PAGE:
Is there such a thing as a G-spot, and does every woman have one?

If you don’t know where your G-spot is, don’t be alarmed.

It was only recently verified as a part of a woman’s physical anatomy in 2001, and not published as an actual “finding” until 2007.

If you DO know where your g-spot is, you may still have questions about how it works, and why it may seem to fluctuate in sensitivity at different points throughout your life.

I was clueless about what and where my G-spot was for most of my life.

It sounded like this amazing body part that some women were lucky enough to be born with, and some women (like myself at that time) were simply destined to live without it.

Luckily I was completely and totally wrong.

Yes Virginia, every woman has a G-spot.

It’s an actual part of your physical anatomy, and unless your genitalia departs from the norm, you are destined to have one.

Diagram of G-spot

You will “find” your G-spot about 1.5-to-2.5 inches inside your vagina, on the anterior (front) wall.

The flesh will feel slightly textured, or rough like corduroy or a cat’s tongue. If you make a “hook” with your finger, in a ‘come here’ motion and press up and into the body with slight pressure, you will feel the back end of the G-spot and maybe even some pleasurable “pressure” sensations.

The G-spot includes the entire area from the tip of where your finger is pressing, all the way to the vaginal opening.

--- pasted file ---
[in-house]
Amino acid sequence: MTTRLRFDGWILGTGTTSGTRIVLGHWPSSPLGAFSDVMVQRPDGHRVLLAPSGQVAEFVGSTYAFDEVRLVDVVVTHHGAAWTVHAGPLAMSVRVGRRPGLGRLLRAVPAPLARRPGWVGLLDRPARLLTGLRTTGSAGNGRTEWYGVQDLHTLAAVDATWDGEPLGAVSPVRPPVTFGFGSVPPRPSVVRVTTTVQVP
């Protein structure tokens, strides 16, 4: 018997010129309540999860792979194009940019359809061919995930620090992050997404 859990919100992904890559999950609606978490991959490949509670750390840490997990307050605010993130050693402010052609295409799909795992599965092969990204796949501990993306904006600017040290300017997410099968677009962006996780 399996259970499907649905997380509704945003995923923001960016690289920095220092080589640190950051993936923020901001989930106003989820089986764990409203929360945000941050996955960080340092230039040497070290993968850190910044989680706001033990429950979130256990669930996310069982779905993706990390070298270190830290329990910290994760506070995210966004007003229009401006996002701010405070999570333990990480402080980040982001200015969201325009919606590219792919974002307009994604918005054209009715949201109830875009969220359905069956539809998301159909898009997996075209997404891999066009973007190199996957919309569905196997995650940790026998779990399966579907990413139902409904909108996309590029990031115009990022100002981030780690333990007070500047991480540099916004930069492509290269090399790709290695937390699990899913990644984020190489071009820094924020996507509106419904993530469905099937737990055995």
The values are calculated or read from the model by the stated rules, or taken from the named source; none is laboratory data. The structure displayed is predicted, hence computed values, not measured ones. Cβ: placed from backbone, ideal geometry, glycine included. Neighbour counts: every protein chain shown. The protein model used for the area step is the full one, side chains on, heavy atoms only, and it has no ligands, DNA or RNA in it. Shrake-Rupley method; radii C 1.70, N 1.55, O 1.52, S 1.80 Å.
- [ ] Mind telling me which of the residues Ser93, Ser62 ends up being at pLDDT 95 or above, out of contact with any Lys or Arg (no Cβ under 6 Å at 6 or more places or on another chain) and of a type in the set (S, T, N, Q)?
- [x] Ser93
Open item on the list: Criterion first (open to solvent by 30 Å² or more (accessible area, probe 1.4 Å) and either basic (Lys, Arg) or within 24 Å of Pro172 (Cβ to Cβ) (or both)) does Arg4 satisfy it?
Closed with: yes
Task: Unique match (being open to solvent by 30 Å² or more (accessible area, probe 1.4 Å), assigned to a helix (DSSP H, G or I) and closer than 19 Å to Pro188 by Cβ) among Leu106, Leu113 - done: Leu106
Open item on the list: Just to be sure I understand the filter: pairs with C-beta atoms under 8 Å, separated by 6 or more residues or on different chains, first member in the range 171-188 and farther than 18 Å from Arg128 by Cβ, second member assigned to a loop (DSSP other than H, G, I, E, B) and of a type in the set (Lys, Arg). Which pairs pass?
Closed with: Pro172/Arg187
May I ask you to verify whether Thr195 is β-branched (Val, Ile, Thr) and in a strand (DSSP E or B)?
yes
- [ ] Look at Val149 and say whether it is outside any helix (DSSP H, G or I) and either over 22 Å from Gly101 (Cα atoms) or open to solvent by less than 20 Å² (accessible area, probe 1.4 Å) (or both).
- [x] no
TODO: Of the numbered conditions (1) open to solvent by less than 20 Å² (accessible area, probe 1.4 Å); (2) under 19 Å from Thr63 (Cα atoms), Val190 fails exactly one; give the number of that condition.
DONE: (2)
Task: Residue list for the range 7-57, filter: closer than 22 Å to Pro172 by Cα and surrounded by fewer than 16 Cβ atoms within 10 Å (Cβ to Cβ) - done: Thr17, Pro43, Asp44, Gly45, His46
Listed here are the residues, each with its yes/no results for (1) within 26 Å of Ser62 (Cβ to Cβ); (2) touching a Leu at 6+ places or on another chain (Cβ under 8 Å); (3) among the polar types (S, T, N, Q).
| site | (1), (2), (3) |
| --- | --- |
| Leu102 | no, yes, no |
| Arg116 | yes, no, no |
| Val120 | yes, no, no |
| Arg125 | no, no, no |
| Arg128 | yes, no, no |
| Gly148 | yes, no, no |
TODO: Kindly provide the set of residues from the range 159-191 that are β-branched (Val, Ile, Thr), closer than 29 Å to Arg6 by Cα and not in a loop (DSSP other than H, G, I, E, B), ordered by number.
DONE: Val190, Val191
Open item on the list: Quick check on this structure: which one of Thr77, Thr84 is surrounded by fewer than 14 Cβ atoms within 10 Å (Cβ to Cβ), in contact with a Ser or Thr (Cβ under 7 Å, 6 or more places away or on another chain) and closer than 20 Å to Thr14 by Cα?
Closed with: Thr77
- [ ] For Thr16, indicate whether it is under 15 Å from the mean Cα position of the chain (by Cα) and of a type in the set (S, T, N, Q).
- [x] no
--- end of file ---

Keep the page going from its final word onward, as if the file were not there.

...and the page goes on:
Other than its location, the other important thing to understand about your G-spot is the way it works.

If you base your personal experience of your G-spot on some of the stories you’ve heard, you probably expect that the moment you touch it, you’ll be overwhelmed with the most explosive orgasms of your life and instantaneously reduced to a puddle of pleasure.

It doesn’t quite work that way.

Your G-spot is made up of spongy erectile tissue, which will literally engorge and become erect, kind of like a penis does, but on the inside. In fact – women have as much erectile tissue internally as a man does externally, but it can take anywhere from 20-45 minutes for that tissue to become fully engorged and for our bodies to become fully aroused.

So your G-spot isn’t necessarily going to feel amazing the moment you touch it.

It needs to go through a process of arousal, and this arousal usually comes from some sort of direct stimulation, be it a finger or sex toy or, depending on the angle, a penis.

The other thing to be aware of is that women store emotional, sexual, psychological “trauma” or “stress” in our sexual organs, specifically the G-spot area. So many women may feel numb, irritated, or even pain when that area is stimulated.

If this is your experience, please understand that this is completely normal and part of a healing process. 

Given the lack of accurate sex education in our culture, it’s no surprise that most women and men are confused about their sexual anatomy and sexual pleasure responses.

I celebrate your courage in seeking to understand more about your body and beginning the process of reclaiming your birthright to pleasure.